Monsieur Perdu calls himself a literary apothecary. From his floating bookstore in a barge on the Seine, he prescribes novels for the hardships of life. Using his intuitive feel for the exact book a reader needs, Perdu mends broken hearts and souls. The only person he can’t seem to heal through literature is himself; he’s still haunted by heartbreak after his great love disappeared. She left him with only a letter, which he has never opened.
After Perdu is finally tempted to read the letter, he hauls anchor and departs on a mission to the south of France, hoping to make peace with his loss and discover the end of the story. Joined by a bestselling but blocked author and a lovelorn Italian chef, Perdu travels along the country s rivers, dispensing his wisdom and his books, showing that the literary world can take the human soul on a journey to heal itself.
Our group was evenly divided on this month’s book with a clear division between those who thoroughly enjoyed Little Paris Bookshop and those who simply found it too slow and frankly, boring.
This poses an interesting question … how can the same group of readers, who quite plainly agree on one novel, find themselves on opposite poles with another?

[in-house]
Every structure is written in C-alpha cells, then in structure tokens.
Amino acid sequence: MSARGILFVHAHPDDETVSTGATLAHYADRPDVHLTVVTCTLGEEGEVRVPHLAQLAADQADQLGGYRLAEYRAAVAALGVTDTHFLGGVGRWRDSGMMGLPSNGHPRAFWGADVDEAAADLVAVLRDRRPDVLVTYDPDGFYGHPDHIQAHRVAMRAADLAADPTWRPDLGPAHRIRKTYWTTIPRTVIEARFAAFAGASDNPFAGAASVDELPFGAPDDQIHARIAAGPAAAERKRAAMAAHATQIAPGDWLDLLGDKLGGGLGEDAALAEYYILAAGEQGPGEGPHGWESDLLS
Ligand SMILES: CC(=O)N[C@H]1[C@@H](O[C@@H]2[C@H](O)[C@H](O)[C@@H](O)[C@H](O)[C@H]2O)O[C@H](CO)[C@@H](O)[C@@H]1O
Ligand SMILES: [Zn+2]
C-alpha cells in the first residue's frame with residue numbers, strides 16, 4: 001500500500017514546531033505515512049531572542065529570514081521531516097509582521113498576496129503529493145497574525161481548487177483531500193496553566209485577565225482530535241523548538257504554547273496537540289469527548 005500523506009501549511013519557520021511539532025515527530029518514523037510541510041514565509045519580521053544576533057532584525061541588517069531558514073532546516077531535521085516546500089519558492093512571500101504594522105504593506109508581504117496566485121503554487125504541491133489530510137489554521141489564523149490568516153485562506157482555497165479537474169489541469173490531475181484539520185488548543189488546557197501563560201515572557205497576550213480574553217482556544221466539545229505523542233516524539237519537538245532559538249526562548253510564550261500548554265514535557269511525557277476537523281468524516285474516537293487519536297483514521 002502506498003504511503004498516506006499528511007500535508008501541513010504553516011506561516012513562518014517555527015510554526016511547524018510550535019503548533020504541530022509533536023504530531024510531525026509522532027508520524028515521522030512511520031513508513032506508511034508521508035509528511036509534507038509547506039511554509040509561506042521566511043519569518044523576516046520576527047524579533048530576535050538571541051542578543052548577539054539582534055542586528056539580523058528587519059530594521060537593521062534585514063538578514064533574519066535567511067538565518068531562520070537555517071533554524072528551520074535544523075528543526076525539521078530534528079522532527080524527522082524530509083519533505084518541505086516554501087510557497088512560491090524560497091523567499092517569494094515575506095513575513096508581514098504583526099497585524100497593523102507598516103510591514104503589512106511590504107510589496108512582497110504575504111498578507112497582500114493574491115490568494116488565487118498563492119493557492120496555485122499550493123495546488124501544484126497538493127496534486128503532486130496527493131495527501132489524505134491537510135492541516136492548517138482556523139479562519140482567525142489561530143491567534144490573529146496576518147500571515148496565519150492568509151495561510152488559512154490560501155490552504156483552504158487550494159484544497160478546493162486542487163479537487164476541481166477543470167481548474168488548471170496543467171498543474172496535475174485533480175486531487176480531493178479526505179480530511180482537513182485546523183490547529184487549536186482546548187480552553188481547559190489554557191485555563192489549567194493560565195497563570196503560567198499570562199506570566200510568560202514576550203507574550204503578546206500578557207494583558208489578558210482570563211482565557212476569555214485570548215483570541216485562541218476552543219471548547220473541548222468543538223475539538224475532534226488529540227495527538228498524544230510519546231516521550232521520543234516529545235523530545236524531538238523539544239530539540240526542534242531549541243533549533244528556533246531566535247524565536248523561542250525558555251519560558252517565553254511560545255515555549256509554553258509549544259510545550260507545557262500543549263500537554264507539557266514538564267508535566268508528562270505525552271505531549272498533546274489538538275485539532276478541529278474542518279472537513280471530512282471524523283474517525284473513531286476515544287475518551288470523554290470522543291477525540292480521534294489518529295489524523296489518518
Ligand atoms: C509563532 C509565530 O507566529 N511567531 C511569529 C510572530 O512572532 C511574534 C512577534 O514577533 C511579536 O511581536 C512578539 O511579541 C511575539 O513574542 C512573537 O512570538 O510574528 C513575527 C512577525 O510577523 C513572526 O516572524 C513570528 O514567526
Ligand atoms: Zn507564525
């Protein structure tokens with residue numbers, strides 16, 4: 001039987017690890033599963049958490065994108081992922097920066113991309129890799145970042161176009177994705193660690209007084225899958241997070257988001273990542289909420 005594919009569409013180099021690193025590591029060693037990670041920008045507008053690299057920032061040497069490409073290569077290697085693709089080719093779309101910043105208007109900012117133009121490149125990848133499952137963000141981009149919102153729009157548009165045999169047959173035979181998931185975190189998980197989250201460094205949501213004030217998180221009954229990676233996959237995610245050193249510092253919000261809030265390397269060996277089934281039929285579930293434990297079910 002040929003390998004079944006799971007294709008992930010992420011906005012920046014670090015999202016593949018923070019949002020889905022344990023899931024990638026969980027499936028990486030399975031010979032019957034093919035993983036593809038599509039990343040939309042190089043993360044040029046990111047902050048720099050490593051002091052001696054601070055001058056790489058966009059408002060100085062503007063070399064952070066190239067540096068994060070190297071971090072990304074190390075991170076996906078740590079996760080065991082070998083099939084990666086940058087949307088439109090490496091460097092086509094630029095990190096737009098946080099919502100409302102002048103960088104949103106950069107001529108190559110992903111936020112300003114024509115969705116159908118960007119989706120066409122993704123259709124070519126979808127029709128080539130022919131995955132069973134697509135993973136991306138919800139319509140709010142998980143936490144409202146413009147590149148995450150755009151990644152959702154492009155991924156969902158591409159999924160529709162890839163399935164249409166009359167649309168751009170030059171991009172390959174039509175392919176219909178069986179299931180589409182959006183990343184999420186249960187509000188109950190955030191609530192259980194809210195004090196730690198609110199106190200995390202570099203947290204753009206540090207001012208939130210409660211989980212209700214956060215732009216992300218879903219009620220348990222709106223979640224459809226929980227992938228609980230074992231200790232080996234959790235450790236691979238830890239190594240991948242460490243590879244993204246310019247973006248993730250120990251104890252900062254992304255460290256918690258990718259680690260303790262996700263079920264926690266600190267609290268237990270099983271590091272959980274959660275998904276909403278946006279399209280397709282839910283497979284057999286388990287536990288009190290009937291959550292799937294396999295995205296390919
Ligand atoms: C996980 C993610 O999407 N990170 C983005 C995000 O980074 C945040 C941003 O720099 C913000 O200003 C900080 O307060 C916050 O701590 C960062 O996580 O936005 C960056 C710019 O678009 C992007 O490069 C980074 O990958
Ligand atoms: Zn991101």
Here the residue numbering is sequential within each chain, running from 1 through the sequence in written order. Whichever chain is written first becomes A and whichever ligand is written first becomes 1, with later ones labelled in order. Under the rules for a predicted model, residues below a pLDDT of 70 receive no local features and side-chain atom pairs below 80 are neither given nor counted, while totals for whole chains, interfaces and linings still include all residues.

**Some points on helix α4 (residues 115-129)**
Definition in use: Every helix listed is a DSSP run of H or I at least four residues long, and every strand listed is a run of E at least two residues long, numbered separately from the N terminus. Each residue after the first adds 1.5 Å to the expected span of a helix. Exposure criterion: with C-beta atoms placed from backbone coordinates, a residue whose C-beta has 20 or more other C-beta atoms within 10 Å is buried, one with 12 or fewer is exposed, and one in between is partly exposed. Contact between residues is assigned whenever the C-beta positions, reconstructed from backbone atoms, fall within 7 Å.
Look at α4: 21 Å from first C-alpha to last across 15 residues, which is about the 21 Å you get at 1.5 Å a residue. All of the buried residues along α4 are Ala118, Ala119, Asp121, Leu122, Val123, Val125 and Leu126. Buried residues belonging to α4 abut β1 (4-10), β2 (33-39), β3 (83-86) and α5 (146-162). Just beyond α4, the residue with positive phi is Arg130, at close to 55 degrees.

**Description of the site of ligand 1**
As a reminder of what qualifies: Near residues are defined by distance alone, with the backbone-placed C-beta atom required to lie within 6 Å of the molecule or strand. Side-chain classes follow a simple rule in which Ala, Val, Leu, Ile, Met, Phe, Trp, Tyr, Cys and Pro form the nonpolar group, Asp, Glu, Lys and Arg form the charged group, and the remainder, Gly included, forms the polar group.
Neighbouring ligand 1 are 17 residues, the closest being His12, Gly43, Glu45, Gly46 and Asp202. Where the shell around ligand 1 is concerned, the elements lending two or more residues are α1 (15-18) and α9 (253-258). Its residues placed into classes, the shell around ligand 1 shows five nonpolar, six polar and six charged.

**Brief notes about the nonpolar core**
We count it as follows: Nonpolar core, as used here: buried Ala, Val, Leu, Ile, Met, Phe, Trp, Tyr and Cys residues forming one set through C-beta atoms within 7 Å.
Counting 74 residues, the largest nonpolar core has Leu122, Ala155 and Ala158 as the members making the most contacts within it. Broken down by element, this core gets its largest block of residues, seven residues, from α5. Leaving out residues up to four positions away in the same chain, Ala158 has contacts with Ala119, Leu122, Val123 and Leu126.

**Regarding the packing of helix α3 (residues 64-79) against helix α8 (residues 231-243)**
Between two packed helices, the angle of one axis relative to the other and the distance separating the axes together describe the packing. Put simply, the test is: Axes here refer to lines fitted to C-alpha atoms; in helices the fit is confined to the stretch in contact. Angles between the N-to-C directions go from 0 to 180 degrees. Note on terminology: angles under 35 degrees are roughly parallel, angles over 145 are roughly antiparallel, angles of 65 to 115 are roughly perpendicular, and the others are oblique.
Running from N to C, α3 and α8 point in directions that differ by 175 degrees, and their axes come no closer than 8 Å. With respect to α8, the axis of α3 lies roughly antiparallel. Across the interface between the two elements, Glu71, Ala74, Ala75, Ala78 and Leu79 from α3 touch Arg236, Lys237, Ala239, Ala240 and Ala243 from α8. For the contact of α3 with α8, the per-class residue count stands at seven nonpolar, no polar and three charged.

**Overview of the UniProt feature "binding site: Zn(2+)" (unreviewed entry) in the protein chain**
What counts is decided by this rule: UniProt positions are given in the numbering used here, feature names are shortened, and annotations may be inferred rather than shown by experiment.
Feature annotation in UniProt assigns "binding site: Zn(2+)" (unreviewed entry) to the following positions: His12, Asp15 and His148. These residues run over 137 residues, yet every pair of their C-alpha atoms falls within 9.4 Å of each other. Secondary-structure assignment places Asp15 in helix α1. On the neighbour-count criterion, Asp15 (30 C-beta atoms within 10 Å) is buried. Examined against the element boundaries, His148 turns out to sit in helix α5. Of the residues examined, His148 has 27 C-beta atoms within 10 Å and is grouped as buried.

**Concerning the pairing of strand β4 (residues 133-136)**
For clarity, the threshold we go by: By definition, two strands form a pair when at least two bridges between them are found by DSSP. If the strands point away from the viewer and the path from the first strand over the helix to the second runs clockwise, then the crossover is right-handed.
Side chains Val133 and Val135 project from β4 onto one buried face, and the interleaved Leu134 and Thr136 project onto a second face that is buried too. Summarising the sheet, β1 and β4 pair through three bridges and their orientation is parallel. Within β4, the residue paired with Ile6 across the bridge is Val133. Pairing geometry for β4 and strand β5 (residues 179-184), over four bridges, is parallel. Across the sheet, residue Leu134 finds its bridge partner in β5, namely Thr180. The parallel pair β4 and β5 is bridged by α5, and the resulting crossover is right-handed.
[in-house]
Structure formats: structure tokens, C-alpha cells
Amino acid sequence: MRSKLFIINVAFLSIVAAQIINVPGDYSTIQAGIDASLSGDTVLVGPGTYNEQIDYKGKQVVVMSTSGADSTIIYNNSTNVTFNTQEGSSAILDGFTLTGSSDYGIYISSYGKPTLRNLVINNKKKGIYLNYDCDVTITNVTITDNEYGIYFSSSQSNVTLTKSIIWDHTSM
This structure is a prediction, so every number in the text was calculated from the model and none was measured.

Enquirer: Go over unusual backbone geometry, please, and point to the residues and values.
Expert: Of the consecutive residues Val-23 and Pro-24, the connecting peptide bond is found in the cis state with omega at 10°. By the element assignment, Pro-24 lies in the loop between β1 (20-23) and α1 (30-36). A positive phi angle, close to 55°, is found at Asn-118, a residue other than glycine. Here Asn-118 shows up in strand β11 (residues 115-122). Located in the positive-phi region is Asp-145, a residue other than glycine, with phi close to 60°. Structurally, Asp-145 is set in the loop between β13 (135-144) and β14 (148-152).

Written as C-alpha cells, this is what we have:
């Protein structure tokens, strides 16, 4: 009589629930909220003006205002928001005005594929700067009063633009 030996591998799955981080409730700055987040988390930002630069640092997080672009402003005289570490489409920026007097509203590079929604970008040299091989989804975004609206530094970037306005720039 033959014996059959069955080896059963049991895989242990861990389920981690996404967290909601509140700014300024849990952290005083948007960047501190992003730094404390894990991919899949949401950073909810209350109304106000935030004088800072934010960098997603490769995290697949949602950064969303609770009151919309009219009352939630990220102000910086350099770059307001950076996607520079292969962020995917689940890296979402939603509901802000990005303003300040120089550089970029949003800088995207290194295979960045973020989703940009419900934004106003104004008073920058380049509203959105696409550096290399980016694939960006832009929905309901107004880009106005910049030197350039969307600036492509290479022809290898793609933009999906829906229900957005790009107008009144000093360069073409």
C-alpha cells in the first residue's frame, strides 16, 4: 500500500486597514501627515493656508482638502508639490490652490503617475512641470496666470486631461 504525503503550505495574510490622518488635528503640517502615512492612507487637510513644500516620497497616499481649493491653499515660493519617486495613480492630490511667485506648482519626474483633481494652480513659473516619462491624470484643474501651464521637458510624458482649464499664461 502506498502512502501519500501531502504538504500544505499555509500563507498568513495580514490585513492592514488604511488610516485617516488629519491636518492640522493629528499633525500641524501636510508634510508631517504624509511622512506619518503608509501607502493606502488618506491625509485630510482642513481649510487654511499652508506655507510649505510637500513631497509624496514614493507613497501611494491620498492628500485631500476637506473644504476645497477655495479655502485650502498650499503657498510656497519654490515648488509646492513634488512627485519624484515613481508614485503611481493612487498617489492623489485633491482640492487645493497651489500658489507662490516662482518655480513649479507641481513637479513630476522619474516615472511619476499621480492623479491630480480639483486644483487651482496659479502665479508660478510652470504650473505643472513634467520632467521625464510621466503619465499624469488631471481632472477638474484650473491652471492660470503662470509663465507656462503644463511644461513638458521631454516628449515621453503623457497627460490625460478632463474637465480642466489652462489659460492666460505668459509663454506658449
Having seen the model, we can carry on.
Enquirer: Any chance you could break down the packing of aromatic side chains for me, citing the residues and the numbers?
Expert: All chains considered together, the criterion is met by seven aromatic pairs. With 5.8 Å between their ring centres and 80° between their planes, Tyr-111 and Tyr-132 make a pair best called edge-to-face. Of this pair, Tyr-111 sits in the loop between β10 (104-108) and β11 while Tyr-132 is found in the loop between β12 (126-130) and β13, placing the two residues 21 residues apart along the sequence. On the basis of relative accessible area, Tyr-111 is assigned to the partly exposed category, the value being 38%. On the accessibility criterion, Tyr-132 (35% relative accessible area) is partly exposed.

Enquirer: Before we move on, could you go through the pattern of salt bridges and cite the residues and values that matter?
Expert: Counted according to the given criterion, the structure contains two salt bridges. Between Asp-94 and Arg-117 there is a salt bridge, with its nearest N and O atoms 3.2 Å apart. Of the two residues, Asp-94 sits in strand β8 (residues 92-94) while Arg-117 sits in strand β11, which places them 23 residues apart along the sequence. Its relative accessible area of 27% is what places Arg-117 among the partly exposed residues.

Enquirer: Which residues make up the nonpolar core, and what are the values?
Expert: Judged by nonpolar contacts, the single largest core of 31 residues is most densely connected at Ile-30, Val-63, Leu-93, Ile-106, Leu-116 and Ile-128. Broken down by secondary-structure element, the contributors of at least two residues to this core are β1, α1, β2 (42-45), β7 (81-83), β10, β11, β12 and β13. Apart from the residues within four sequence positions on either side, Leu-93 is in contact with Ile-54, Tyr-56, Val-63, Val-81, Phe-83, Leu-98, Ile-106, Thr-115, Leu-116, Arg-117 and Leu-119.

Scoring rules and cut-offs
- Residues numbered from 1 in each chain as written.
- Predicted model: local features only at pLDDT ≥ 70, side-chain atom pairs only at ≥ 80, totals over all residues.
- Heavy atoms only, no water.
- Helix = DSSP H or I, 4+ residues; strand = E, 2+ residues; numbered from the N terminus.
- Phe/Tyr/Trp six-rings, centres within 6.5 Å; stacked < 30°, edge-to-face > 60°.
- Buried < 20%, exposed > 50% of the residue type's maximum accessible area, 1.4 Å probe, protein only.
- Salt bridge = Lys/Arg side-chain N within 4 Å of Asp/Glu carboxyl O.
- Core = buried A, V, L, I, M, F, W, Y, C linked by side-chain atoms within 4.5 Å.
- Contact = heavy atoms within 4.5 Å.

The main arguments centre around not the content or plot, but the pace of the storyline and speed in which the plot unfolds. Everyone agreed that the idea of having a library on a barge, in France, with a librarian who will offer you the perfect book, is a very fanciful but beautiful proposition. This alone would be enough to draw in most readers, but where the coming together of multiple characters on a journey of discovery of the past (usually an unbeatable theme) seems to fail in this instance is a little hard to identify.
It could be something as simple as the wrong book at the wrong time for some of our readers. Those who enjoyed Little Paris felt it was a pleasant, ‘feel good’ read and found the pace as relaxing and soothing as the Seine itself. If you are not in the mood for such a leisurely stroll through the pages, it could grate.
Or maybe you needed to have visited France to feel the true emotions of the book? Then again, this is a translation, so perhaps something has been lost in the conversion …
It could be any or all of these things, but which ever, it seems to be the unwritten rule that one can never be certain a novel will please or disappoint. The only real given is that every novel holds something different for everyone. So in most cases, the joy (or lack of) a book can bring belongs entirely to the reader, and can not the responsibility of the writer.